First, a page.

Penn State Faculty Senate Discusses Health Care, Privacy
The Penn State Faculty Senate met Tuesday to discuss recent changes to the faculty health care plan. The controversial issue has caused dissent among many university employees.
David Gray, senior vice president for finance and business and Susan Basso, vice president for human resources, along with representatives from Highmark, were on hand to answer questions regarding the changes.
Employees are now required to undergo a biometric screening and a physical examination. Workers also must complete a health risk assessment survey. Those who decline will pay an additional $1,200 for health care coverage.
Basso said because you can opt out of those requirements which she considers to be voluntary.
The new policy also requires workers to use of WebMD Health Services to create a personal health profile.
Having the WebMD profile made many faculty members uneasy. Many say they don't feel safe having all their private health information on the website. Gray said that if information were given out by the website to third parties for non-health related reasons, the penalties for both the university and Highmark would be severe, as they are both held to HIPAA standards.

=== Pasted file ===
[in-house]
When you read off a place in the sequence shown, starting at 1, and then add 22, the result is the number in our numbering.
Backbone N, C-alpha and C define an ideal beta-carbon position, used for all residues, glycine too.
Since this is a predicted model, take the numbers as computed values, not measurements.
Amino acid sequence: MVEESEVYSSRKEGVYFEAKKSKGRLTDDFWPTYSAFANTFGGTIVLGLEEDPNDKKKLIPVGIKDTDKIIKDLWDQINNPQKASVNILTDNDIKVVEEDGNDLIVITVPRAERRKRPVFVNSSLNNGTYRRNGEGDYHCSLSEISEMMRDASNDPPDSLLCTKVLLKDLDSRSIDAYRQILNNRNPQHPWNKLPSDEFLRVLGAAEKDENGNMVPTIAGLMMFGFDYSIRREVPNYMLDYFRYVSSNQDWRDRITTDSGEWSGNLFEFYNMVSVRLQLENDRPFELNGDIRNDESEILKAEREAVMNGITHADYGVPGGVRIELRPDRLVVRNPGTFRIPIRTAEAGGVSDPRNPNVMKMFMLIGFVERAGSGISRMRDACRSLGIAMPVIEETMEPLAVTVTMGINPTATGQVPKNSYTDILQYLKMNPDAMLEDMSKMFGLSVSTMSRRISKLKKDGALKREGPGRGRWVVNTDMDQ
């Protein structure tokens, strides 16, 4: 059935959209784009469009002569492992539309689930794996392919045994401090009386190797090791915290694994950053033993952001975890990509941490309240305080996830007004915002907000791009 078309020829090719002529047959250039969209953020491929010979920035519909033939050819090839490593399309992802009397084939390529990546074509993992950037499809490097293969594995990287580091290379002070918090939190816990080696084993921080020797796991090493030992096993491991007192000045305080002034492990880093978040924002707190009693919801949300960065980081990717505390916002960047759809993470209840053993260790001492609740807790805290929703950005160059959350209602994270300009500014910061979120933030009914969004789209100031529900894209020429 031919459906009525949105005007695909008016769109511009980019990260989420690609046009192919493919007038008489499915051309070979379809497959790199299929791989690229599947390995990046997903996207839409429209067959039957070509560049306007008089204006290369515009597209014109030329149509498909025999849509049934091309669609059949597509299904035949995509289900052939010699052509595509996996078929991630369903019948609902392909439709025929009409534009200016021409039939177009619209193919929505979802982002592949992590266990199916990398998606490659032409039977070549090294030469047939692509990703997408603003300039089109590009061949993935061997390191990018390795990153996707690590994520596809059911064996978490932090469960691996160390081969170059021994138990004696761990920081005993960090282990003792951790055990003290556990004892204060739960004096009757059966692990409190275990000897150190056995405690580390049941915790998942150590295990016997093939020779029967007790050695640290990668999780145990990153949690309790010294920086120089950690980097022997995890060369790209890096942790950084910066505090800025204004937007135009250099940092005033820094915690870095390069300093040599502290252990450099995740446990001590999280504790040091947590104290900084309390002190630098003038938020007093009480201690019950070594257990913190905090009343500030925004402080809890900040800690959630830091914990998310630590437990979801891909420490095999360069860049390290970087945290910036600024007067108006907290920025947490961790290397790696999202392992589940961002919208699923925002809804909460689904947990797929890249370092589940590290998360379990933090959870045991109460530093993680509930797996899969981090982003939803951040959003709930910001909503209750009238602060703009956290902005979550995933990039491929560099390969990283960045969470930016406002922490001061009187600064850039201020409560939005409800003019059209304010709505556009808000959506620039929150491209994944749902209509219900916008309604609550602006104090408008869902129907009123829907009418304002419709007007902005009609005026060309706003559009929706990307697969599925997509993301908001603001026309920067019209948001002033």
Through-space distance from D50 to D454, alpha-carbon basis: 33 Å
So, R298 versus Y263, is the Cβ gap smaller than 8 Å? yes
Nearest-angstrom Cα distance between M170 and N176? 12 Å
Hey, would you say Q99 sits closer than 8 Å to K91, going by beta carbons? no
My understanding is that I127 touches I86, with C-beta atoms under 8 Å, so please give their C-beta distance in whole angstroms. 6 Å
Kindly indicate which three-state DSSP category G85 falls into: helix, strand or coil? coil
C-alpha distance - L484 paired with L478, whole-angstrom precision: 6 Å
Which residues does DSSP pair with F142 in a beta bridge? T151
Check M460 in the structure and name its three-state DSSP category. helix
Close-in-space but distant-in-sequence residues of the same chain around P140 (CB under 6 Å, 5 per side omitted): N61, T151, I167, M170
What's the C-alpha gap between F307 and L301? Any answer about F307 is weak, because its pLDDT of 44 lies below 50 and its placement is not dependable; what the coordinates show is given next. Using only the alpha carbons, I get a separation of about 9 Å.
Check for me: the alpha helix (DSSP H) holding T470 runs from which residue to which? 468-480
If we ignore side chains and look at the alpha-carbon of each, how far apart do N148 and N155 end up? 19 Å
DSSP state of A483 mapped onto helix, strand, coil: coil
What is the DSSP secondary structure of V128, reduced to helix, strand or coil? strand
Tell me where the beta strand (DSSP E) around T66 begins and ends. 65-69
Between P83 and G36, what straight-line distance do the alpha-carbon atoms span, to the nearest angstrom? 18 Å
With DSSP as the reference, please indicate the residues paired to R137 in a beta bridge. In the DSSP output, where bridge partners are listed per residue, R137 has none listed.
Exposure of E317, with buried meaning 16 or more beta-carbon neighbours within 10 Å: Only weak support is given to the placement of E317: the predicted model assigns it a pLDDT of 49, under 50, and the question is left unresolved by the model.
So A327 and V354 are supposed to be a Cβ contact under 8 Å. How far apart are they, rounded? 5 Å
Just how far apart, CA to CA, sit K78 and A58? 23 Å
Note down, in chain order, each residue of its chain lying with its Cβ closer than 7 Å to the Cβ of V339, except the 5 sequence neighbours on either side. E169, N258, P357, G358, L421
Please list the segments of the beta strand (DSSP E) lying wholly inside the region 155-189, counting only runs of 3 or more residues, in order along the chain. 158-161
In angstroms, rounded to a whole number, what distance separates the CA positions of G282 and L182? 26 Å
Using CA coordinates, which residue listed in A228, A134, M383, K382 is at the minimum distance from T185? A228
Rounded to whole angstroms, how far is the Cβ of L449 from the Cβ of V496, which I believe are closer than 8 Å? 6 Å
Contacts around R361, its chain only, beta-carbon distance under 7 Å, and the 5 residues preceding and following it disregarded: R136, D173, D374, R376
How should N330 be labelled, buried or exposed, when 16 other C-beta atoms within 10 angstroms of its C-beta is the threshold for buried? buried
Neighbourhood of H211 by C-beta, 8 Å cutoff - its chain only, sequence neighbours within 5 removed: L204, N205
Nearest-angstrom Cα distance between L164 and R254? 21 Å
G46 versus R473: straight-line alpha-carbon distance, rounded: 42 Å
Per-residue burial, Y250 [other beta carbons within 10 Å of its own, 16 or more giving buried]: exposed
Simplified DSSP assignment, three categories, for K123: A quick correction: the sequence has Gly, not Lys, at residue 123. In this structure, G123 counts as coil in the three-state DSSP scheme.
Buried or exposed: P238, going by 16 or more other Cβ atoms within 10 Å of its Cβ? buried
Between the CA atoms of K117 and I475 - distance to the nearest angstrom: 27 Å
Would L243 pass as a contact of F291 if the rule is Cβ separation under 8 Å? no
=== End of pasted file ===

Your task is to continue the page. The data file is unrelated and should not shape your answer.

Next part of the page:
"We completely understand the natural concerns about private personal health information," Gray said. "None of us would want to see anybody's privacy violated. We have really offered everything we can without jeopardizing the security model of the IT systems."
Mike Fiaschetti, Highmark's president of health markets, said that other programs similar to Penn State's have worked at other locations.
"This is not based on my opinion, it is based on independent reviews of a system that has state of the art security and privacy oversight," Fiaschetti said.
Gray said this program will end up saving the university $62.9 million.